If a job’s worth doing, it’s worth doing well.
I didn’t understand this concept as a young child whose bedroom often appeared that an F4 tornado had blown through recently. Sent to clean my room, I would shove whatever I could under the bed and into the closets. Clothes went unfolded into drawers or tucked in places that couldn’t be easily seen. The comforter was placed on the bed but the sheets underneath were crumpled into the corner hiding under a pile of stuffed animals. Even though the floor became less treacherous and the room could be entered and navigated without fear of an unexpected obstacle, it wasn’t actually clean. Mom always knew, and I always had two more chances to make it right before she barged in with a giant garbage bag ready to throw my coveted belongings away.
Half-assing a responsibility is an insult to the task at hand. Failure to get the job done adequately demonstrates low effort, lack of attention and commitment, and an absence of pride in your work.
As a leader, part of your job is to make sure that processes are being adhered to, standards are being met, and the quality of work produced is high. When your people fall short of achieving a gold star regarding performance it is likely due to one of three possible causes:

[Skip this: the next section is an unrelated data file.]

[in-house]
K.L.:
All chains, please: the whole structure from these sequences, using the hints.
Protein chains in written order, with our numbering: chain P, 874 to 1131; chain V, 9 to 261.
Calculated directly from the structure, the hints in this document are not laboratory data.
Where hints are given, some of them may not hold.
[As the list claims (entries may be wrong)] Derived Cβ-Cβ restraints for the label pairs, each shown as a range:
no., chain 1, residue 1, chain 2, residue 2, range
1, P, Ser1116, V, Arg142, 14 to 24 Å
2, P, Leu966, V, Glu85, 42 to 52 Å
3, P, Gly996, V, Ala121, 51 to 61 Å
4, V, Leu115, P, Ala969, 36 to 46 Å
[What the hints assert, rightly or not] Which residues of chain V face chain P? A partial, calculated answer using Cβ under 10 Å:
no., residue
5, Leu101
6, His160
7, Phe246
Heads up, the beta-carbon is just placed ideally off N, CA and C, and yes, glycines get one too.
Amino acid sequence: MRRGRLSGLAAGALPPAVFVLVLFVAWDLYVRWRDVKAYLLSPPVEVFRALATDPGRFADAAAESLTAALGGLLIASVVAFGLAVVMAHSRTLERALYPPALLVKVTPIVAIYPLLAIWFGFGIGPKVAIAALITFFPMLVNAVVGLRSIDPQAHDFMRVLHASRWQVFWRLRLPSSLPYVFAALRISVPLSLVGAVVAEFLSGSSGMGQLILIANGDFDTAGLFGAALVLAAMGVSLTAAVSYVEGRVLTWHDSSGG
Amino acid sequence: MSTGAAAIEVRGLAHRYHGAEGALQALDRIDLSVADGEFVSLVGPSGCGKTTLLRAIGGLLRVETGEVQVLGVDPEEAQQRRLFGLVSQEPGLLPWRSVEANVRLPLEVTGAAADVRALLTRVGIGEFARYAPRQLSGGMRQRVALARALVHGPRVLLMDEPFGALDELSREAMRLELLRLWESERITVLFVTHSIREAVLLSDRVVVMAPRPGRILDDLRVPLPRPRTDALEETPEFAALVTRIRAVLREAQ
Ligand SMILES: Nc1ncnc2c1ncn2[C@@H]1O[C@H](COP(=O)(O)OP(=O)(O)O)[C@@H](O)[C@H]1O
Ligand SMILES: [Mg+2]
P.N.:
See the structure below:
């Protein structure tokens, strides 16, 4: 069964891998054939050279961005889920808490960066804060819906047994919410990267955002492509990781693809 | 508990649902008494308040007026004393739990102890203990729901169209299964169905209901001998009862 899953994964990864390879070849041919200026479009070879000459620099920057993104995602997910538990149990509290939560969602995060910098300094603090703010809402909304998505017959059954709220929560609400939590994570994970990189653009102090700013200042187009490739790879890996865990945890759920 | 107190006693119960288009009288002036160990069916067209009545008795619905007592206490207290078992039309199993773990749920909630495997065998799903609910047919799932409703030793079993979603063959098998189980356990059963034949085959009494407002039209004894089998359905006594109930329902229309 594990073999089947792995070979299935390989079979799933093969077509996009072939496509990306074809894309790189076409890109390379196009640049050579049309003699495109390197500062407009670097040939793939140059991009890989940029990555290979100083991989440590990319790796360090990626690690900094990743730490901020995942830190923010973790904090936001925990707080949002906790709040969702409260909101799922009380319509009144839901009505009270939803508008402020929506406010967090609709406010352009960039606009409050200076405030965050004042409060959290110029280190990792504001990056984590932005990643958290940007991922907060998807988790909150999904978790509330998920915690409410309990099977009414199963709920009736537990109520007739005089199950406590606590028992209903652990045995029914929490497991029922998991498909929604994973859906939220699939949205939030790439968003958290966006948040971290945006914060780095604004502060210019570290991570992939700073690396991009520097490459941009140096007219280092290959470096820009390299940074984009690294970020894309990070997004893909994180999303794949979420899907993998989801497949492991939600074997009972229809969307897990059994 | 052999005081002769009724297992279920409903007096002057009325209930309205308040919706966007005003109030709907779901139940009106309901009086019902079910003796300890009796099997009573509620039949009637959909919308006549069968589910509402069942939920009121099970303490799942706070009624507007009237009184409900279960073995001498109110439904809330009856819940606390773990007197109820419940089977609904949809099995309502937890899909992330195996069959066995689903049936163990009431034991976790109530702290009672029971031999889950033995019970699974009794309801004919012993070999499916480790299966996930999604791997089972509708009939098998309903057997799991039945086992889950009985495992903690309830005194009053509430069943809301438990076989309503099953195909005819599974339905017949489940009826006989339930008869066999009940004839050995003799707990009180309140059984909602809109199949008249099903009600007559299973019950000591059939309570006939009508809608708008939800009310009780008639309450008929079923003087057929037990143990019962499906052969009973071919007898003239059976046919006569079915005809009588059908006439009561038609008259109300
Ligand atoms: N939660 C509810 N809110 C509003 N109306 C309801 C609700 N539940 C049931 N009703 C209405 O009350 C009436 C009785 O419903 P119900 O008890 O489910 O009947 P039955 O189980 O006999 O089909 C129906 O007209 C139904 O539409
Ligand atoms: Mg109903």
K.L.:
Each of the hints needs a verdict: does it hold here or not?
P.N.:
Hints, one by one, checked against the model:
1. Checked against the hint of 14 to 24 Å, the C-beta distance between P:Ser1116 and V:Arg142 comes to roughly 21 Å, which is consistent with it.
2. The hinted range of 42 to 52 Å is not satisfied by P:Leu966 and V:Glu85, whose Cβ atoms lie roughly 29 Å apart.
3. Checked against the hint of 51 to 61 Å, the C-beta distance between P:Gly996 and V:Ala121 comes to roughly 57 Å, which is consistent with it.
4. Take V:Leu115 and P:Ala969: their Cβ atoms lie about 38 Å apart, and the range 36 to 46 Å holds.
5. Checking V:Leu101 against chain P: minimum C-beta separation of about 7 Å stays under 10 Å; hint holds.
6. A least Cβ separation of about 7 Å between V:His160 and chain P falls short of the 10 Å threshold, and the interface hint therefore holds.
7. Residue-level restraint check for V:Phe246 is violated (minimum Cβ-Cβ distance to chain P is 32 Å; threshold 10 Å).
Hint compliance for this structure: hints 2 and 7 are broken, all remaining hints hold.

Lack of Training: Ignorance of the expectation excuses no one. For employees outside of the initial onboarding and training period, “I didn’t knows” and “I forgots” are simply excuses. Ensure that proper training is implemented at the onset to avoid falling into a pit of excuses. Have reference material readily available and easily accessible for when refreshers and reminders are needed. Once Mom put labels on the Barbie buckets, there was never another missing high heel.
Volatile Expectations: If a made bed and a clear floor was considered clean last week, expecting an empty hamper, dust free dressers, and clean windows needs to be explicitly directed otherwise confusion sets in. When rules change frequently, suddenly, or with no warning, expecting your people to know where the bar is set is unrealistic. Set your standards on day one, change processes as needed but define the new goals and ways to achieve them.
Laziness: Sometimes I just didn’t care. I was a lazy preteen that just wanted to lay in my unmade bed, listening to my boombox while staring up at the poster of Leonardo. As promised, the large black garbage bag was filled with my treasures that were never to be seen again. Allowing for laziness or complacency is a slippery slope that leads to the landfill. It kind of stinks and there’s no digging your way out. Do not allow one lazy team member to drag the rest of your crew down. Allowing a single person’s idleness, gives them the power to set the new standard that bare minimum is considered success.
Training can be fixed. Process development and expectations can become more rigid. However, laziness can not be cured without the dreaded garbage bag.
Maintain an environment that fosters more than just showing up. Require that the job not only gets done, but gets done well.
The bed is made daily, and the dressers remain dust free (mostly). I’ll thank my Mom tonight for being the best boss a little girl could have had.
Maybe then she’ll tell me where my confiscated toys went.